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  • 16-June-2021

    English

    OECD Skills Strategy Tlaxcala (Mexico) - Assessment and Recommendations

    Skills are the key to shaping a better future, and central to the capacity of countries and people to thrive in an increasingly interconnected and rapidly changing world. Megatrends such as globalisation, technological advances and demographic change, compounded by the effects of the COVID‑19 pandemic, are reshaping work and society, as well as the types of skills most in demand in the labour market. OECD Skills Strategy projects provide a strategic and comprehensive approach to assess countries’ skills challenges and opportunities and help them build more effective skills systems. The OECD works collaboratively with countries to develop policy responses tailored to each country’s specific skills needs. The foundation of this approach is the OECD Skills Strategy Framework, which allows for an exploration of what countries can do better to: 1) develop relevant skills over the life course; 2) use skills effectively in work and in society; and 3) strengthen the governance of the skills system. This report, OECD Skills Strategy Tlaxcala (Mexico): Assessment and Recommendations, identifies opportunities and makes recommendations to strengthen the skills of youth, foster greater participation in adult learning, use people’s skills more effectively to raise productivity, and strengthen the governance of the skills system in the state of Tlaxcala, Mexico.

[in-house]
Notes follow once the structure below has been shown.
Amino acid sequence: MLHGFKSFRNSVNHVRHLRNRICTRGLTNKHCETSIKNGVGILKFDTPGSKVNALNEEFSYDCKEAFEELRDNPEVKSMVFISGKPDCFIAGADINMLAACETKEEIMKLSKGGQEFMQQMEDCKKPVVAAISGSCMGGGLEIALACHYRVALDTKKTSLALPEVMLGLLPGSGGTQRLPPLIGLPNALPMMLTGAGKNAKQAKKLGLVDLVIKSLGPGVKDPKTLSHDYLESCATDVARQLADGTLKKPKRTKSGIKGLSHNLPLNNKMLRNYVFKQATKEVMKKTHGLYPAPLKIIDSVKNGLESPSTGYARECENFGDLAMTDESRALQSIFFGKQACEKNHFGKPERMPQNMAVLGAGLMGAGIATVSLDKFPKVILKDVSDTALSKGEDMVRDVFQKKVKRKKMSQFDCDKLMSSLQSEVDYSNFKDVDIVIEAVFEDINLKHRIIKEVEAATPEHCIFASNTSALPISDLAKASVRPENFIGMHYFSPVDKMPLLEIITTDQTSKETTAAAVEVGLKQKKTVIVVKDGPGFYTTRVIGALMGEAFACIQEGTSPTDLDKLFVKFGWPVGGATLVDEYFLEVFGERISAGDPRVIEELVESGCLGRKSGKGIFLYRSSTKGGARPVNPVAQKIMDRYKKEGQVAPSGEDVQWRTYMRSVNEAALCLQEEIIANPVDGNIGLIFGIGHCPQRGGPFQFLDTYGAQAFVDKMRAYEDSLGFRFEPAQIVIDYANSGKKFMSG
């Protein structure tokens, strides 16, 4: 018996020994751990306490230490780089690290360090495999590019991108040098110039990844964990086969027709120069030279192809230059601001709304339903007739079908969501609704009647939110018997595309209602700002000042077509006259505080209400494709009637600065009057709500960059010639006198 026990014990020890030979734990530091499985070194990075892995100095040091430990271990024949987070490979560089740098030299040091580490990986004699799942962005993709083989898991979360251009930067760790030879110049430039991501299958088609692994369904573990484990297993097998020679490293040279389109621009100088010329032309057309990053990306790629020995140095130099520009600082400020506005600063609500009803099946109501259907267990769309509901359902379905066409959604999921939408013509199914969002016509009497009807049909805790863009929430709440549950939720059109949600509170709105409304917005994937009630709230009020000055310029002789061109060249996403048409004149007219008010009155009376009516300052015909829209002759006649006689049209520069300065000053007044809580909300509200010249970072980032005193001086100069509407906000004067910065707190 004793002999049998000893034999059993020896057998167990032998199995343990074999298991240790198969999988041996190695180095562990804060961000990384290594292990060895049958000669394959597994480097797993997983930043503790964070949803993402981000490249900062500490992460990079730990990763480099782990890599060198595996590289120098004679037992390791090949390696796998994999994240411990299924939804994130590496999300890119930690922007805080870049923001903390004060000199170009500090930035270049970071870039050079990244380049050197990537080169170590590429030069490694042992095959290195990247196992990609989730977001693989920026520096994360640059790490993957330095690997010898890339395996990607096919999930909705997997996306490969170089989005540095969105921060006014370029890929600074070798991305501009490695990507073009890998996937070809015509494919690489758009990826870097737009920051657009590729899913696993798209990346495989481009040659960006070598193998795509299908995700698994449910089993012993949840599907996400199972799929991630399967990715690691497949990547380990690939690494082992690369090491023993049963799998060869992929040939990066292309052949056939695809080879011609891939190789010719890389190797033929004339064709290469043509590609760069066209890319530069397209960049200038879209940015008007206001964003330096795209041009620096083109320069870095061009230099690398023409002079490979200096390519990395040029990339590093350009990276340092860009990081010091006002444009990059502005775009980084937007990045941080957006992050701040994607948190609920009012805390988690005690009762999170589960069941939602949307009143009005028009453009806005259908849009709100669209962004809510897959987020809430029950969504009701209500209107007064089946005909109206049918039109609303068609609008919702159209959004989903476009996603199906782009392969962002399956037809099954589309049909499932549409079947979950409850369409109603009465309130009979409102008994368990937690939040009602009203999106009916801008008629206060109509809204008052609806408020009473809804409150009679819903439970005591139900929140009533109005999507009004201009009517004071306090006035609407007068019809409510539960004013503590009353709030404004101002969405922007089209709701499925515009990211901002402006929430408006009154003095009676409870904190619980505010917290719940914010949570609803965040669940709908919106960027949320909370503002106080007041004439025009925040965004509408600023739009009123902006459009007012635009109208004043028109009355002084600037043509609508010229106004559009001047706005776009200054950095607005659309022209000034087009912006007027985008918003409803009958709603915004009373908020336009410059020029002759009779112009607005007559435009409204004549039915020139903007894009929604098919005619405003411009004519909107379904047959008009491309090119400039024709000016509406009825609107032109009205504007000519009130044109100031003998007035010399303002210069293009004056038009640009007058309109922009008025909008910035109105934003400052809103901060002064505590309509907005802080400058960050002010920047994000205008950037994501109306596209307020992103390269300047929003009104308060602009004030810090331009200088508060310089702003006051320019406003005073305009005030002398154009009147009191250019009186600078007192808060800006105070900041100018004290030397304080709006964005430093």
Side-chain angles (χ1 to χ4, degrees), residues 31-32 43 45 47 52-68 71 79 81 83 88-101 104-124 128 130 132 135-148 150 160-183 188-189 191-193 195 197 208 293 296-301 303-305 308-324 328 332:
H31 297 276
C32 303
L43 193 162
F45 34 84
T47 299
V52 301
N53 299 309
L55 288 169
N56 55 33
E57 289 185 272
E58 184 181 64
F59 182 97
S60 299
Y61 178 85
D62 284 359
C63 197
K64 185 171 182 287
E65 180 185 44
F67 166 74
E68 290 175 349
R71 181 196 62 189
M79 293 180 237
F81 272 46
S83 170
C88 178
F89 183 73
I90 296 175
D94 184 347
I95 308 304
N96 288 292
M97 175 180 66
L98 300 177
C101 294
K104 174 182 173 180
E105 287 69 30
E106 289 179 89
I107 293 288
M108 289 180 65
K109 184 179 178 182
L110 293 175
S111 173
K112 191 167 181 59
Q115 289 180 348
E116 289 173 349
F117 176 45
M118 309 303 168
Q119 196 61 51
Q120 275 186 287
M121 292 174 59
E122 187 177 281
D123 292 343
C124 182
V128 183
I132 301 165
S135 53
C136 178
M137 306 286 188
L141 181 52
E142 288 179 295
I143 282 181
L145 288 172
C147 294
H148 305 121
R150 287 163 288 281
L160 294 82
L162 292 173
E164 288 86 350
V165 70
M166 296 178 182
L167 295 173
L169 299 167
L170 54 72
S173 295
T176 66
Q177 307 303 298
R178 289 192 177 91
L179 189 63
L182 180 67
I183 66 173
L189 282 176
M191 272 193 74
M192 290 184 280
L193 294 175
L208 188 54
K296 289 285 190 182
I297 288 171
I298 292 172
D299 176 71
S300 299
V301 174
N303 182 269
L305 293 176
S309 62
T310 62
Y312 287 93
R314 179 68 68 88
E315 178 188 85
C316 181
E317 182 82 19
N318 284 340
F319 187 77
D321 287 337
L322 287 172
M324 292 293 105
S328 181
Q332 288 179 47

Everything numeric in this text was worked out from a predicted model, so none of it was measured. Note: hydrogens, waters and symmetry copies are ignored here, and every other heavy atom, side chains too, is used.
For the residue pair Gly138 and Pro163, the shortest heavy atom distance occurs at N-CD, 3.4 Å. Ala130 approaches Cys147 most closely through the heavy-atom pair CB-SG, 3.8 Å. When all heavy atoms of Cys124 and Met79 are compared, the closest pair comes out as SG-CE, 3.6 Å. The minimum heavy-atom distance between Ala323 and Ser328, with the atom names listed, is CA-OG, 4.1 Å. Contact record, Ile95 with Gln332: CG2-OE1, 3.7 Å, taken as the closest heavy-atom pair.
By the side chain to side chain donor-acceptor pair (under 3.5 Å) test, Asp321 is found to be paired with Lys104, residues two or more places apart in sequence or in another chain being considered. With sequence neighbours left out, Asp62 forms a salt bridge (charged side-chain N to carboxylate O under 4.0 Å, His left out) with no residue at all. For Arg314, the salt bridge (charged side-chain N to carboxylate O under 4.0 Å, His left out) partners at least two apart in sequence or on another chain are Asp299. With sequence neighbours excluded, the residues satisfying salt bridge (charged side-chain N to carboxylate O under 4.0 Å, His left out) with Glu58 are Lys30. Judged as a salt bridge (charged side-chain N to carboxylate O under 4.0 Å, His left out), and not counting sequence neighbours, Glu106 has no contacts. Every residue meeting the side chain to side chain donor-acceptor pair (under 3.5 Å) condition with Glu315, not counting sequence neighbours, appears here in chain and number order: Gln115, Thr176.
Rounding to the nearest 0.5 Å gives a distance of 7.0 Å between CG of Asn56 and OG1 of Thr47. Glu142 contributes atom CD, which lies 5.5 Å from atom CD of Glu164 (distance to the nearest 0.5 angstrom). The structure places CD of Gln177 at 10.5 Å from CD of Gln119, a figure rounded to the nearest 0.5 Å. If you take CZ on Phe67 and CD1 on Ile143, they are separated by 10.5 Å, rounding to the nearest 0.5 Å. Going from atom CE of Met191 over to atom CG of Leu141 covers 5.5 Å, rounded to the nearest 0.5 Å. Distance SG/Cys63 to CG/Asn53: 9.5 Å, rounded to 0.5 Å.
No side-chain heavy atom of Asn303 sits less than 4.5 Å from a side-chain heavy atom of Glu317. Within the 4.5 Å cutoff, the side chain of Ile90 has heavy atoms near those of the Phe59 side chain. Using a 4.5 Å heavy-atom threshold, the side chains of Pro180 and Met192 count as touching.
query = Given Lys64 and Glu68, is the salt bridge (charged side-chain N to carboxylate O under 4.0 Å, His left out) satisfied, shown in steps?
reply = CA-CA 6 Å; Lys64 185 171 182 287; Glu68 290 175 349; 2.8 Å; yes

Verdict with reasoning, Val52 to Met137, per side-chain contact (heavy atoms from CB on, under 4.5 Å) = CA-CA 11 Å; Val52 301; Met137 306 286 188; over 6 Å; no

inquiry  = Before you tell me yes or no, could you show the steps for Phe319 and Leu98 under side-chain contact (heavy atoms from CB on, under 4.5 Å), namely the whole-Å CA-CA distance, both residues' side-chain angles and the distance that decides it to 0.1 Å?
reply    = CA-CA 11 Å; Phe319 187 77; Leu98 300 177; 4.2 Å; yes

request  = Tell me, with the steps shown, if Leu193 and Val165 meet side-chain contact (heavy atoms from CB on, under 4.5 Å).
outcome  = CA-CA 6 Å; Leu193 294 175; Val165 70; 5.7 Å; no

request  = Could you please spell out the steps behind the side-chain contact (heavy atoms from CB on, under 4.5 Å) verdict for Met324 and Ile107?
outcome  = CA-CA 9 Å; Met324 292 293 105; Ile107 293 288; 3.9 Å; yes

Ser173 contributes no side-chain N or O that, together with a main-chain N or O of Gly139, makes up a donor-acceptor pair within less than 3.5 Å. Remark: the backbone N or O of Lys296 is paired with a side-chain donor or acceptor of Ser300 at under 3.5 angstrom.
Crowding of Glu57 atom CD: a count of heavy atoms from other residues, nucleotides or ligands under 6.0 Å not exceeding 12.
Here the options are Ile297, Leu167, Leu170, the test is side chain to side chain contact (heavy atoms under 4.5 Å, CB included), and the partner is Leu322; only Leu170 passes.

• 26-May-2021

    English

    Financing the extension of social insurance to informal economy workers - The role of remittances

    Informal employment, defined through the lack of employment-based social protection, constitutes the bulk of employment in developing countries, and entails a level of vulnerability to poverty and other risks that are borne by all who are dependent on informal work income. Results from the Key Indicators of Informality based on Individuals and their Households database (KIIbIH) show that a disproportionately large number of middle‑class informal economy workers receive remittances. Such results confirm that risk management strategies, such as migration, play a part in minimising the potential risks of informal work for middle‑class informal households who may not be eligible to social assistance. They further suggest that middle‑class informal workers may have a solvent demand for social insurance so that, if informality-robust social insurance schemes were made available to them, remittances could potentially be channelled to finance the extension of social insurance to the informal economy.